G&H  Does probiotic supplementation have a role in the management of IBS?

LC  It is not known whether probiotic supplementation will remedy microbiota deficits caused by elimination diets. There has not been a study that has definitively shown that probiotics are that helpful in restoring the gut microbiome in the setting of an elimination diet. 

In terms of probiotic supplementation in general, the data are not substantive enough to arrive at a recommendation one way or the other in current IBS treatment guidelines. Studies suggest that there is some advantage to taking probiotics, but the effects are not overwhelming. Probiotic supplementation may help ameliorate mild symptoms. Also, many patients with IBS take probiotics but admit that they are not sure if the probiotics are benefiting them. Nevertheless, they continue taking the probiotics under the assumption that doing so is being health conscious. 

G&H  Are there nutritional drawbacks to the low-FODMAP diet?

LC  A patient is supposed to be on a low-FODMAP diet anywhere from 2 to 6 weeks. Four weeks is likely better than 2 because sometimes it takes a week or 2 for a patient to understand how to follow a low-FODMAP diet appropriately. The longer the low-FODMAP diet persists, however, the greater the risk of nutritional deficiencies. The low-FODMAP diet also has been associated with a depletion of Bifidobacterium. These bacteria make short-chain fatty acids and provide food substrate for the epithelial cells in the lining of the gut. The bacteria will become replenished once the culprit foods are identified and an appropriately modified low-FODMAP diet is instituted.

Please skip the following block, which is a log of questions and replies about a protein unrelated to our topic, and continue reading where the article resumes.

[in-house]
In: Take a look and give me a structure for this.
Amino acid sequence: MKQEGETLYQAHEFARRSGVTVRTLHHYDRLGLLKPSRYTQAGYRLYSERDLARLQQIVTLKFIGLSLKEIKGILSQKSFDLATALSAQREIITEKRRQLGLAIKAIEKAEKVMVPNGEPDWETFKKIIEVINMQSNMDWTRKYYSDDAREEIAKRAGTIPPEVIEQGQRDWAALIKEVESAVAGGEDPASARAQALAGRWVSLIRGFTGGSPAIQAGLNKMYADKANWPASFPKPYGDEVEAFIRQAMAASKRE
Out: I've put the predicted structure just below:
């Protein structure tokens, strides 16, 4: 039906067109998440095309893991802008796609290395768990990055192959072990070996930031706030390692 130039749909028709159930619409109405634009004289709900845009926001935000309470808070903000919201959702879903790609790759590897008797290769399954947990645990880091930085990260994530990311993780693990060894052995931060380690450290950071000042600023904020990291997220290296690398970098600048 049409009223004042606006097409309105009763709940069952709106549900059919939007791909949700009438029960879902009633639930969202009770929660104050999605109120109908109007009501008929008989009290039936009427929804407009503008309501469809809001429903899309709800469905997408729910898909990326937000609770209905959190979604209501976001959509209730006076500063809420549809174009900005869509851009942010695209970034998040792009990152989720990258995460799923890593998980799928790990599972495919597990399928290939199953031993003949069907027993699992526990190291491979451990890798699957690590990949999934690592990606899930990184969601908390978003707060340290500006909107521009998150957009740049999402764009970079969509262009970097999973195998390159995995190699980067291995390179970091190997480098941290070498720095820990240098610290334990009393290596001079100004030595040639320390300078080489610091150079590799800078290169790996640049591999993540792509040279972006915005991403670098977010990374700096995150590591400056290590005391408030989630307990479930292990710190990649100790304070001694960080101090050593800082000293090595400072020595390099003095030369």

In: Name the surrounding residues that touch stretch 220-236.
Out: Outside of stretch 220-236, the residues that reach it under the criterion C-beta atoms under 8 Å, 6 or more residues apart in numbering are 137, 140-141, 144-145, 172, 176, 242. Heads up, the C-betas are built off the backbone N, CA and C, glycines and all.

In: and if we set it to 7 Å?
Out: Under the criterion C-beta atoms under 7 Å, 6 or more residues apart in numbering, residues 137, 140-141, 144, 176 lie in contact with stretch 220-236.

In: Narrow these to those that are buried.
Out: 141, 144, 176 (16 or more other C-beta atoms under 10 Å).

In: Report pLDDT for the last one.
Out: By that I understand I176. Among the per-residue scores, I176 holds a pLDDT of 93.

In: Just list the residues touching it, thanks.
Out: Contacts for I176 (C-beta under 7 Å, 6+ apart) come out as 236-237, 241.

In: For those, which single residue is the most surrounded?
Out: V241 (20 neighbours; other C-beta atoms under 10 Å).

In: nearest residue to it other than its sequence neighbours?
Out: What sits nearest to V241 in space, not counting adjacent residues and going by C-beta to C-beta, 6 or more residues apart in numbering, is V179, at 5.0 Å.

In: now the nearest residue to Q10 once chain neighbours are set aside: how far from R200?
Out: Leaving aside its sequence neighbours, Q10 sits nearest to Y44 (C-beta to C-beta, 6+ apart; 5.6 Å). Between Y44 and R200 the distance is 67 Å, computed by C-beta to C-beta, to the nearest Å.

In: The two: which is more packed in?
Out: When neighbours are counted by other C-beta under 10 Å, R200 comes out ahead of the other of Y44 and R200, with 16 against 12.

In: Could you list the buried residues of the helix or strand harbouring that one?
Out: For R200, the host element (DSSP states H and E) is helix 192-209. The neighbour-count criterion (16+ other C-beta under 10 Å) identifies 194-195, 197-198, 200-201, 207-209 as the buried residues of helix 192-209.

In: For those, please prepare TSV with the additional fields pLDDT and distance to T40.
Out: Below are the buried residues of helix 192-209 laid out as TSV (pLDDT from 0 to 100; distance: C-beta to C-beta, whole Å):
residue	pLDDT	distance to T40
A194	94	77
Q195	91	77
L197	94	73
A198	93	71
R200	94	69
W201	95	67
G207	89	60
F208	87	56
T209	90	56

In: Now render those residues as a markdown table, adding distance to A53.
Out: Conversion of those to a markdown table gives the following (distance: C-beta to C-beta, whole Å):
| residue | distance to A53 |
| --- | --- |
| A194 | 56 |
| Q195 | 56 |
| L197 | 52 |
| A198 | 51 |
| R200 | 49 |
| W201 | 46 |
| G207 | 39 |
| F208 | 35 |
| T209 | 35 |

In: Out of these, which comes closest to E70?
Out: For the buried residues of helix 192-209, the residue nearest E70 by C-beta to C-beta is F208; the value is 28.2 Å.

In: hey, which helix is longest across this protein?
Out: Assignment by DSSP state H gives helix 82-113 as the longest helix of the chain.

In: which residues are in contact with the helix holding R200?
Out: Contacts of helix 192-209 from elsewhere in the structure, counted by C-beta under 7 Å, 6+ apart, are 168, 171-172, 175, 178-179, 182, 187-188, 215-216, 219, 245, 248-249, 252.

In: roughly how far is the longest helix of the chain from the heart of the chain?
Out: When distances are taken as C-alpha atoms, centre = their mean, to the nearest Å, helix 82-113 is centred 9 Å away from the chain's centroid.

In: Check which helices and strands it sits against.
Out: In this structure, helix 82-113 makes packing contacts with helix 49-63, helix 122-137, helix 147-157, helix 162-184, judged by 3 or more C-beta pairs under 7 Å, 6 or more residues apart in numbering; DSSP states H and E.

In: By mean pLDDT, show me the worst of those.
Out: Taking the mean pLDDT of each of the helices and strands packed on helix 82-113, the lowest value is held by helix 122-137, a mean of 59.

G&H  What have studies found regarding wheat exclusion and IBS?

LC  Studies suggest that fructans are the real culprit in triggering IBS symptoms, not gluten. Fructans are found in many cereals and breads as well as onions and garlic, which are major culprits for symptoms in many patients with IBS. For example, slow rise or slow fermentation sourdough bread contains gluten but less fructan. If a patient can tolerate sourdough, he or she is most likely not gluten-intolerant. One study showed that the most common FODMAP groups that trigger symptoms are fructans, galacto-oligosaccharides, and mannitol.

G&H  When should a patient be referred to a GI dietitian for multimodal care?

LC  Generally speaking, partnering with a GI dietitian to take care of patients whose GI symptoms are triggered by meals is wise. Such professionals are better than many gastroenterologists in comprehensively obtaining a dietary history, providing dietary advice, and identifying nutritional deficiencies, such as those that can occur with elimination diets. Also, an American Gastroenterological Association (AGA) clinical practice update on diet in IBS, which includes a management algorithm, will be published in Gastroenterology this spring. 

It may be best to refer patients with mild-to-moderate IBS to a GI dietitian as a first-line intervention. It also is a good strategy, as mentioned, for patients who cannot or do not know how to discontinue an elimination diet and appropriately reintroduce foods. In general, patients to consider referring to a dietitian are those who have meal-related symptoms and are interested in dietary management as well as patients for whom there are concerns about nutritional deficiencies.